There are a lot of training programs out there, what are the key features you should look for in a half marathon training program?

It's got to be manageable for your level of running. If you have only been jogging once a week, a program which sees you do three interval sessions, a steady state run, a long run and extra miles on the other days will be too much.

The basic sessions I would expect to do would be intervals at least once a week, some easy runs of about 10-12 kms (build up to this if need be) a couple of times a week, and a long run. Most runners do this on a Sunday, but it doesn't really matter. It just needs to be a time when you can get out and run somewhere between 12 and 18kms at a comfortable pace.

If you've been running a bit, by all means pick a more intensive program.

What is the best way to work out a goal time for a half marathon?

In answering this, I'm assuming that you're doing a fun run, not a race. Or at least, your goal is about personal achievement rather than winning.

There are alot of different formulas and tools out there. I like the McMillan running calculator. You enter a known time e.g. your 10km race time, and it predicts what you would likely run a half marathon in.

I'd suggest that for your first half, don't tie yourself to a time. Just aim to finish it while running within yourself.

After the first one, you've got an idea of what you can do. The next race is time to start picking goal times. So if you ran 1:45, try to get the next one under 1:40. (yeah, if I get near 1:45, I think I'll just be happy with that!)

If you do have a goal time, figuring out your pacing is important. Work out how long you should run a km in to reach your time. Expect that you will slow down. Some people are lucky to be able to run negative splits (the second half quicker than the first), but most people go out too quickly and end up much slower than they started. If you want to run a 90 minute half, you'll need to do your kms in about 4:15. You'll feel fantastic at the start, but try to keep each km to time so that you conserve energy to get you through.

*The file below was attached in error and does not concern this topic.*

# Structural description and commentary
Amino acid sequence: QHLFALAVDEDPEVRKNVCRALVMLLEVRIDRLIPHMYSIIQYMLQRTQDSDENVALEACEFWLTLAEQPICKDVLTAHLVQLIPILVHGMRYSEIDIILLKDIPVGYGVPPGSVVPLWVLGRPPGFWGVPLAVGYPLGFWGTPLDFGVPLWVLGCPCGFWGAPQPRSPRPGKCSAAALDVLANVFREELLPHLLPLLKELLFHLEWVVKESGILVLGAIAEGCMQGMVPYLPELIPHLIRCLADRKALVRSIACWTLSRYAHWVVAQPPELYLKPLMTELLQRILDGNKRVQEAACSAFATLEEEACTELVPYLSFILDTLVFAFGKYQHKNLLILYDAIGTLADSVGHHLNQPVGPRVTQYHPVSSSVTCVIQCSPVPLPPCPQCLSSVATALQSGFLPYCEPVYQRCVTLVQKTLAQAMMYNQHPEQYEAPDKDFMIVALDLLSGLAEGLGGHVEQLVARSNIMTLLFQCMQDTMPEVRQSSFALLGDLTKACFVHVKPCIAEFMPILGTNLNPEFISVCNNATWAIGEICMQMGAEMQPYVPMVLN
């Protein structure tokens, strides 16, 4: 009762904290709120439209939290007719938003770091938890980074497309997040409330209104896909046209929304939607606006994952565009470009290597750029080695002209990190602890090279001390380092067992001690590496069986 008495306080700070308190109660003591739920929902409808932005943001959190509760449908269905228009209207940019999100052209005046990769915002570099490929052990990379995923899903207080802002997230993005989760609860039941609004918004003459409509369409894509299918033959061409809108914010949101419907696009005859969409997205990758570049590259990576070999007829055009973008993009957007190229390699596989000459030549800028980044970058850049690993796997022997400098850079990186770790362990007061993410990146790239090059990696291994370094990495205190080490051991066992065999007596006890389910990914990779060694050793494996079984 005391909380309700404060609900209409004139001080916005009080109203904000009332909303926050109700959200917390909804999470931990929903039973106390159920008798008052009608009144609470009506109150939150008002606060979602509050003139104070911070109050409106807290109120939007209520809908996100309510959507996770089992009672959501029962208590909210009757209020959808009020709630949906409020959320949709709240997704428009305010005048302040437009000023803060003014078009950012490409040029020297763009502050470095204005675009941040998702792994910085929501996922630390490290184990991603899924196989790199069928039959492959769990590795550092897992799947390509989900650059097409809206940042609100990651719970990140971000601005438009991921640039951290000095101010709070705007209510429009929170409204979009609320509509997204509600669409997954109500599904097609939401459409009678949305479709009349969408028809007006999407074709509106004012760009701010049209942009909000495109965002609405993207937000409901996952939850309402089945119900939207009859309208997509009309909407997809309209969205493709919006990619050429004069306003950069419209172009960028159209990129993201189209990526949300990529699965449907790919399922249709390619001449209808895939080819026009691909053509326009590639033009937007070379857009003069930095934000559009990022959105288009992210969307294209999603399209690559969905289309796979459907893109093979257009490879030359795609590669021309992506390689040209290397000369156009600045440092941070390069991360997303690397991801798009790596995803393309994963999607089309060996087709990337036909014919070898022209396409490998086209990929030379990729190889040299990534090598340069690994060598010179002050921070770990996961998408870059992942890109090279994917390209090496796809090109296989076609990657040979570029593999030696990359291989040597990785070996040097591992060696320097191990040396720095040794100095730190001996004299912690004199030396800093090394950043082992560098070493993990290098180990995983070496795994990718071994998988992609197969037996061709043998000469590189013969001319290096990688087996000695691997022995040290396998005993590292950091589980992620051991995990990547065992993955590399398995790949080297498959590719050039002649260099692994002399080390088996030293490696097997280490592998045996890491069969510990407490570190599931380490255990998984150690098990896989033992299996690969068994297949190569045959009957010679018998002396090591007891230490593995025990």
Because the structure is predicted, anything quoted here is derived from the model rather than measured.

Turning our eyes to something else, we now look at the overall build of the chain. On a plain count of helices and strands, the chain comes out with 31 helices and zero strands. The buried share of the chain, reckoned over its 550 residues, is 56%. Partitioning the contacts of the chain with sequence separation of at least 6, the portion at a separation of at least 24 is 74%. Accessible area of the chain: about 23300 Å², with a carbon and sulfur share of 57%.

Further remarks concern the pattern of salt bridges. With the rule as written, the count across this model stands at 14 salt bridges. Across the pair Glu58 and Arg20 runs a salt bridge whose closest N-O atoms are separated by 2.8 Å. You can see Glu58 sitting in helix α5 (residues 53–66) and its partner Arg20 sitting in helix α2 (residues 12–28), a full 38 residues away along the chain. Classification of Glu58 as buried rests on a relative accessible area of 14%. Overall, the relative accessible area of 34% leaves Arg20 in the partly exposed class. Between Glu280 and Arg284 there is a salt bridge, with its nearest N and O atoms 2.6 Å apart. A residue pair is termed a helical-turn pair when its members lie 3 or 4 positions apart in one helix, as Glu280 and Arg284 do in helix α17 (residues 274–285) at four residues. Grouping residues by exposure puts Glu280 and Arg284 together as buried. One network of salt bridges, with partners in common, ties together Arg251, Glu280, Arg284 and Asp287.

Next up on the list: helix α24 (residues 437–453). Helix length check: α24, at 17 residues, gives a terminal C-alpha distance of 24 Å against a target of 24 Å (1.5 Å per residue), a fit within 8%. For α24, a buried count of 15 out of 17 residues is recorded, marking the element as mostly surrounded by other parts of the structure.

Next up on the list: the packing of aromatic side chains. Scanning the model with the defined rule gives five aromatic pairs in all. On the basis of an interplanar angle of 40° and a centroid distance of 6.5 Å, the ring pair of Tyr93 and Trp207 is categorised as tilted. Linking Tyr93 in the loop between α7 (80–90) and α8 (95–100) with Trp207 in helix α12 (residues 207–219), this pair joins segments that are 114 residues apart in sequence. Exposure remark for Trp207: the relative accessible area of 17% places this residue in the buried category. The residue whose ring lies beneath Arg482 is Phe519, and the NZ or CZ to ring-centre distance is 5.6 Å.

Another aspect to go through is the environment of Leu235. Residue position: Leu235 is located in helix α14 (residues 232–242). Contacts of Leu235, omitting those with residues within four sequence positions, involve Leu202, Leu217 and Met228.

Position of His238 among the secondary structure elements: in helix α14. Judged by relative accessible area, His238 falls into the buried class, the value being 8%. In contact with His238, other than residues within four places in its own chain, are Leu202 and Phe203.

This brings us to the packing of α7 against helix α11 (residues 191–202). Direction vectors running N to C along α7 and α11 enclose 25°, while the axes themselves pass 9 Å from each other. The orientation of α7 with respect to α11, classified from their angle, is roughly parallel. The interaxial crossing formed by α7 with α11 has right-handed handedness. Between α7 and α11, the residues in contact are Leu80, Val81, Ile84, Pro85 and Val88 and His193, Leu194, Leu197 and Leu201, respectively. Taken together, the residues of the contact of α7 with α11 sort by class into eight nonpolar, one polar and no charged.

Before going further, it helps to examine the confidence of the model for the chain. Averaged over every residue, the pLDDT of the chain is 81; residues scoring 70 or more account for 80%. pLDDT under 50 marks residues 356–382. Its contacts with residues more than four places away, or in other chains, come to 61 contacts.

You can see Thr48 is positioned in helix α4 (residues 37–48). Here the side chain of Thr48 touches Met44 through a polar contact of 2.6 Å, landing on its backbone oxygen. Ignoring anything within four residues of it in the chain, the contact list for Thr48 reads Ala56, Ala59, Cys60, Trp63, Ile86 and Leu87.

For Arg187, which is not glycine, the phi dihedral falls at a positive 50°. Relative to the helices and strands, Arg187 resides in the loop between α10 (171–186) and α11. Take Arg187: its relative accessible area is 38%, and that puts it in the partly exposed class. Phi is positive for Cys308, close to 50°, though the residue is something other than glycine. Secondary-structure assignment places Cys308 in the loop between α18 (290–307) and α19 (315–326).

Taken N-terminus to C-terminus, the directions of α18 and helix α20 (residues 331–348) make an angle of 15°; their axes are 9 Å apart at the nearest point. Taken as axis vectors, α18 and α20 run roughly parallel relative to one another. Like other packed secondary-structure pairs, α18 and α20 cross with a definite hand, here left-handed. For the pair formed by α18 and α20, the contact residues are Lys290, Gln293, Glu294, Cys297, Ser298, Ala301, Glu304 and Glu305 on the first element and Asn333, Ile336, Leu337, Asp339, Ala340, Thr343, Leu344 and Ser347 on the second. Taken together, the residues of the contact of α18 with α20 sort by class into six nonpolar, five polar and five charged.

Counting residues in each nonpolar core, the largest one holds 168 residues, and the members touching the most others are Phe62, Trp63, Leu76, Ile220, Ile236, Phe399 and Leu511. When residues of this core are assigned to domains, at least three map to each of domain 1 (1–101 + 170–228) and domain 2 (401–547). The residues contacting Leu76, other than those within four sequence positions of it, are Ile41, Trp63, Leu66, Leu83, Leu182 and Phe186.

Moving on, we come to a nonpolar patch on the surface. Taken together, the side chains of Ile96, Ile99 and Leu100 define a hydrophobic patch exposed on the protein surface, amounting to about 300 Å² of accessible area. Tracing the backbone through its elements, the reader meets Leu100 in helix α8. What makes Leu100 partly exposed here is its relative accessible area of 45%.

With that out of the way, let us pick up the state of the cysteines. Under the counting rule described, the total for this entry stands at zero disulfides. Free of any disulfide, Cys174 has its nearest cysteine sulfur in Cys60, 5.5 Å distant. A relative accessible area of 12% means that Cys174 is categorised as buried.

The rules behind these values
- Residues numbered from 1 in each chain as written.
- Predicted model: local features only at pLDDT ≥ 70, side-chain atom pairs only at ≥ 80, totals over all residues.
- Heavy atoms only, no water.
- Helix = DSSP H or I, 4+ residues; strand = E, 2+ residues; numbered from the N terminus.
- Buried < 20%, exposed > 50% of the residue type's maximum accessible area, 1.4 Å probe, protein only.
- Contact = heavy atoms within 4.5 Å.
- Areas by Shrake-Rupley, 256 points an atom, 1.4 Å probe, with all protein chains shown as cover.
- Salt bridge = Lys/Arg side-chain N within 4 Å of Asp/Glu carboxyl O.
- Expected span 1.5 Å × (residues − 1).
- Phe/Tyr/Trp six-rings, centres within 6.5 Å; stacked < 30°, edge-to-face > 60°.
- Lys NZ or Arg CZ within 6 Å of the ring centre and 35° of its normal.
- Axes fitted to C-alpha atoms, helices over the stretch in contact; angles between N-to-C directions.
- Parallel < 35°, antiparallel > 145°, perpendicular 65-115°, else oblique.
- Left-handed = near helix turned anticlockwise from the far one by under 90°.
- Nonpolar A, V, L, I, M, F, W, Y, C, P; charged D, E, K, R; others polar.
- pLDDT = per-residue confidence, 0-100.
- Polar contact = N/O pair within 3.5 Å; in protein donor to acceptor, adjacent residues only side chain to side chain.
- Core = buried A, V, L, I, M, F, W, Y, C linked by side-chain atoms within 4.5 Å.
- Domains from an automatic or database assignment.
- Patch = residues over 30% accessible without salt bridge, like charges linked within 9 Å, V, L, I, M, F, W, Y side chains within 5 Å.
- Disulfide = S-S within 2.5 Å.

If you can already do a 10km race, how long do you need to train up to doing a half marathon?

As long as you're running consistently and make sure you get in some long runs, with one of at least 17-18kms, you should be able to build up to the half marathon over about 12 weeks.

Does losing excess weight help much when running the longer distances? (Is it worth trying to slim down while training?)

 Yes it does. If you're running competitively, it certainly makes a difference. But you also need to keep your energy levels up. You will probably find that starting a half-marathon program will result in some weight loss anyway. Just eat healthily, train consistently and don't sweat about the weight.
If you want to take your training up a level, talk to a running coach. They can help you with things like ideal race weight. It's easy to lose perspective (especially for women) so having someone you can turn to for advice really helps.

What are some common things newbies stuff up when getting ready for their first half marathon?

 Nutrition - the day before and of the race. Almost everyone has sufficient fat stores to get them through that distance. You don't need a giant meal the day before or the morning of the race. Eat a sensible sized portion of something that is primarily carb based, and not complex. I prefer pasta with a tomato based sauce and some green veggies.

Race day isn't the time to try new things. I have a friend who heard that protein was good for muscle growth, so on the morning of a race decided to eat 6 boiled eggs and drink half a litre of milk. He didn't have a very pleasant run...

Take some energy drinks, gels, lollies etc, but try eating these on your practice long runs.

Any other advice you would like to give?

Find a training group. A lot of big city marathon/half marathons offer organised training sessions. It's much easier to run with other people.

Or join your local running club. Most will offer coaching as well as providing you with the opportunity to do a number of races throughout the season, letting you build up to the half-marathon distance with some race experience under your belt.

Thanks Kate, that's great advice!

Taking her suggestions, I've downloaded a 1/2 marathon training app done by MapMyRun people: Half Marathon Coach.

Great things about it:
1. It's completely free (it appears that it used to be $5.99, as some reviews still say that, but it's now free!)